Paikallisvoima (Local Power) appreciates this opportunity to give feedback on the 2030 Climate Target Plan. In our view, climate change is a global threat and the EU-level action is needed to counter it. Therefore, we welcome the Commission’s plan of setting a binding target of achieving climate neutrality by 2050 and see adjusting the GHG emission reduction targets for 2030 as important for reaching that target.
The most cost-effective instrument for reaching the EU’s emissions reduction targets has been the EU Emissions Trading System. During the past decade, the cost of abating CO2 emissions through the ETS has constantly been significantly lower than those of other instruments. To ensure that emissions are reduced in the most cost-effective way, additional sources of GHG emissions such as the heating sector should be included into the ETS.
The Commission’s goal to ensure that the EU has access to a secure, affordable and sustainable energy system is also welcome. Paikallisvoima believes that a robust market-based framework that encourages competition between suppliers is crucial for driving innovation, lower prices for consumers and lower total emissions. Competitive markets are also vital for small or medium sized energy companies, which are capable of tailoring their services to meet local needs and preferences. For example, Finnish small and medium-sized energy suppliers have responded the quickest to the call for more sustainable energy with larger cuts to emissions than the average energy company.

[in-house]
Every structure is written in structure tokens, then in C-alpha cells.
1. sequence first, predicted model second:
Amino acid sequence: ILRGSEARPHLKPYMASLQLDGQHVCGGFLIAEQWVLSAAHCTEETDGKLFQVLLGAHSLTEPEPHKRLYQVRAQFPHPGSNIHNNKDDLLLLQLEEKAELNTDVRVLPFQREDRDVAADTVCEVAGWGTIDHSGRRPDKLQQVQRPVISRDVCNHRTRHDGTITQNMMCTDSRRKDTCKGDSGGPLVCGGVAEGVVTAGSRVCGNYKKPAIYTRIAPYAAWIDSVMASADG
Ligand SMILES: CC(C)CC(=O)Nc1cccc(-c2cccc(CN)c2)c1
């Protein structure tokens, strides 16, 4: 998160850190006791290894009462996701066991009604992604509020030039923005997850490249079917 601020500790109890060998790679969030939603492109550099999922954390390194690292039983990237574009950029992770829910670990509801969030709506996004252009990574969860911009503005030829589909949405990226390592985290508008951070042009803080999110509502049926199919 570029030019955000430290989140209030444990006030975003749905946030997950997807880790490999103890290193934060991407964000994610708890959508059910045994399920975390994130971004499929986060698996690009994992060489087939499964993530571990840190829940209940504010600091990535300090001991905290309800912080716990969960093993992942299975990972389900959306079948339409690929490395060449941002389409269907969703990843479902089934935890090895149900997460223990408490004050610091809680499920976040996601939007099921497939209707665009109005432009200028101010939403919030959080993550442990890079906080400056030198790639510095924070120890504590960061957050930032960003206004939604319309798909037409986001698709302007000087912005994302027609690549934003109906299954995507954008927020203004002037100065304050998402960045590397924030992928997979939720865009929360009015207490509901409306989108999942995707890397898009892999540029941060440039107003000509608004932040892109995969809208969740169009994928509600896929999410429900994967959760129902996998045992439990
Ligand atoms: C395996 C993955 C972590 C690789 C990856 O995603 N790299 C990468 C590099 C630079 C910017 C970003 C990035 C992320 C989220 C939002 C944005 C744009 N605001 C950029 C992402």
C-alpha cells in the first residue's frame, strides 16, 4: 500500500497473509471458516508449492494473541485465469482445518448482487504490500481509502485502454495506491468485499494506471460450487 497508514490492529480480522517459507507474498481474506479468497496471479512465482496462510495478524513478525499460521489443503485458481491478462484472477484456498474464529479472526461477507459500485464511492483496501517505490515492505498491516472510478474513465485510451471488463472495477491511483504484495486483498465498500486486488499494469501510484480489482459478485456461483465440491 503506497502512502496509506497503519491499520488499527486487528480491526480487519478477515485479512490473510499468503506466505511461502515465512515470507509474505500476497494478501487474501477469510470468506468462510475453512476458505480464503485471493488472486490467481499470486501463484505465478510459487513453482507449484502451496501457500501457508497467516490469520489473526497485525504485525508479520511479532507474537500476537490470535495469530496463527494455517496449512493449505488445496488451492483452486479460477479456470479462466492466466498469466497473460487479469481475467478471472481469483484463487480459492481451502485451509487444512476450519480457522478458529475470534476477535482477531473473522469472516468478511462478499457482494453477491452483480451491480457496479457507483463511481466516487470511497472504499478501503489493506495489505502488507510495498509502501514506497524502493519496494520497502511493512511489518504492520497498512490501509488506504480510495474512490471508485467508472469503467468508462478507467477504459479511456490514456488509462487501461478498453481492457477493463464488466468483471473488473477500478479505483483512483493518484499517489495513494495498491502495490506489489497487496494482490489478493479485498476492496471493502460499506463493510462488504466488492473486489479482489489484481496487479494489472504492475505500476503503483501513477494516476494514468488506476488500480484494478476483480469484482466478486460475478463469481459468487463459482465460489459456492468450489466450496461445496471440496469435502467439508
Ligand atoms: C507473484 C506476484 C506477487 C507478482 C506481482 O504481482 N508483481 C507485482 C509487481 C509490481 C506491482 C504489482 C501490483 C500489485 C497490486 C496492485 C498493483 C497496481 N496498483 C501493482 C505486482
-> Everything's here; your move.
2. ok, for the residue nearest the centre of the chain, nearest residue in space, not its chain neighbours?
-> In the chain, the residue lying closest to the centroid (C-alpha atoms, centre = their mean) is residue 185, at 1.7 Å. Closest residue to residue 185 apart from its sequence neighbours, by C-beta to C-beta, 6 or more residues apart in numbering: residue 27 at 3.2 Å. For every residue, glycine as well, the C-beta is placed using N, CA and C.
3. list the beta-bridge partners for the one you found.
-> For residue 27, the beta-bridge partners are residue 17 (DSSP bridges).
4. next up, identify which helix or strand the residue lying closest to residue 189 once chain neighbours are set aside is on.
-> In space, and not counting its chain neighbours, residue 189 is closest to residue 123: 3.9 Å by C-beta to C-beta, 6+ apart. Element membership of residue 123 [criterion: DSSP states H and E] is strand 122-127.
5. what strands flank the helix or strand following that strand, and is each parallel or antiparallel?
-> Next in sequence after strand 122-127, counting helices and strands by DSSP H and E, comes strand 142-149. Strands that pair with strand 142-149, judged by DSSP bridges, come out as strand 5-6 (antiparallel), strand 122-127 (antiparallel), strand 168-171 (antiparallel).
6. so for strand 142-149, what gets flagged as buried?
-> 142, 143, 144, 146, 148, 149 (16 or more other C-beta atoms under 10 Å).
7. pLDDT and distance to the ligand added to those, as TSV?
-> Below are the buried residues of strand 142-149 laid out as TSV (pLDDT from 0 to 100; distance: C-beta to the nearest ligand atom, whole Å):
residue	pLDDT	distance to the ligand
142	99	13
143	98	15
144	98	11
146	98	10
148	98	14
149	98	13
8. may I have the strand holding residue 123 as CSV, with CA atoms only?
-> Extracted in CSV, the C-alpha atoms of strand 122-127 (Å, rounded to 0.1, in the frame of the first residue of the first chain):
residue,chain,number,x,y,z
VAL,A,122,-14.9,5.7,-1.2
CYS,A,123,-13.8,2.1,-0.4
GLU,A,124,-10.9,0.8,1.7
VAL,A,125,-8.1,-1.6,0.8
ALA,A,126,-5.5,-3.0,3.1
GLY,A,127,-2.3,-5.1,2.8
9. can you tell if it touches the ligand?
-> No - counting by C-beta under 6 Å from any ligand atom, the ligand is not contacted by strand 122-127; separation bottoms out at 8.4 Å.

We also support the the assessment of the feasibility, costs and opportunities linked to the needed deployment of clean technologies. In order to achieve a cost-effective transition to a cleaner economy, it is necessary to consider every feasible option for reducing emissions, for example nuclear energy. Therefore, the EU’s approach to reaching its emissions reduction targets should be technology neutral. This would also enable energy suppliers to choose technologies that best fit the local conditions as long as these technologies reduce emissions. Additionally, it is vital that the EU’s research and innovation policies continue to support the development and adoption of new energy technologies.
The EU should also support endeavours to improve the circular economy in the energy sector. For example, waste heat can be efficiently recovered for use in district heating.
Finally, we agree with the Commission’s view that the transition to a more sustainable economy should be a socially fair and just transition that improves citizens’ living conditions and supports skills formation and job creation, and that it reverses environmental degradation. The proposed Just Transition Fund should take into account the reduction of energy production from peat.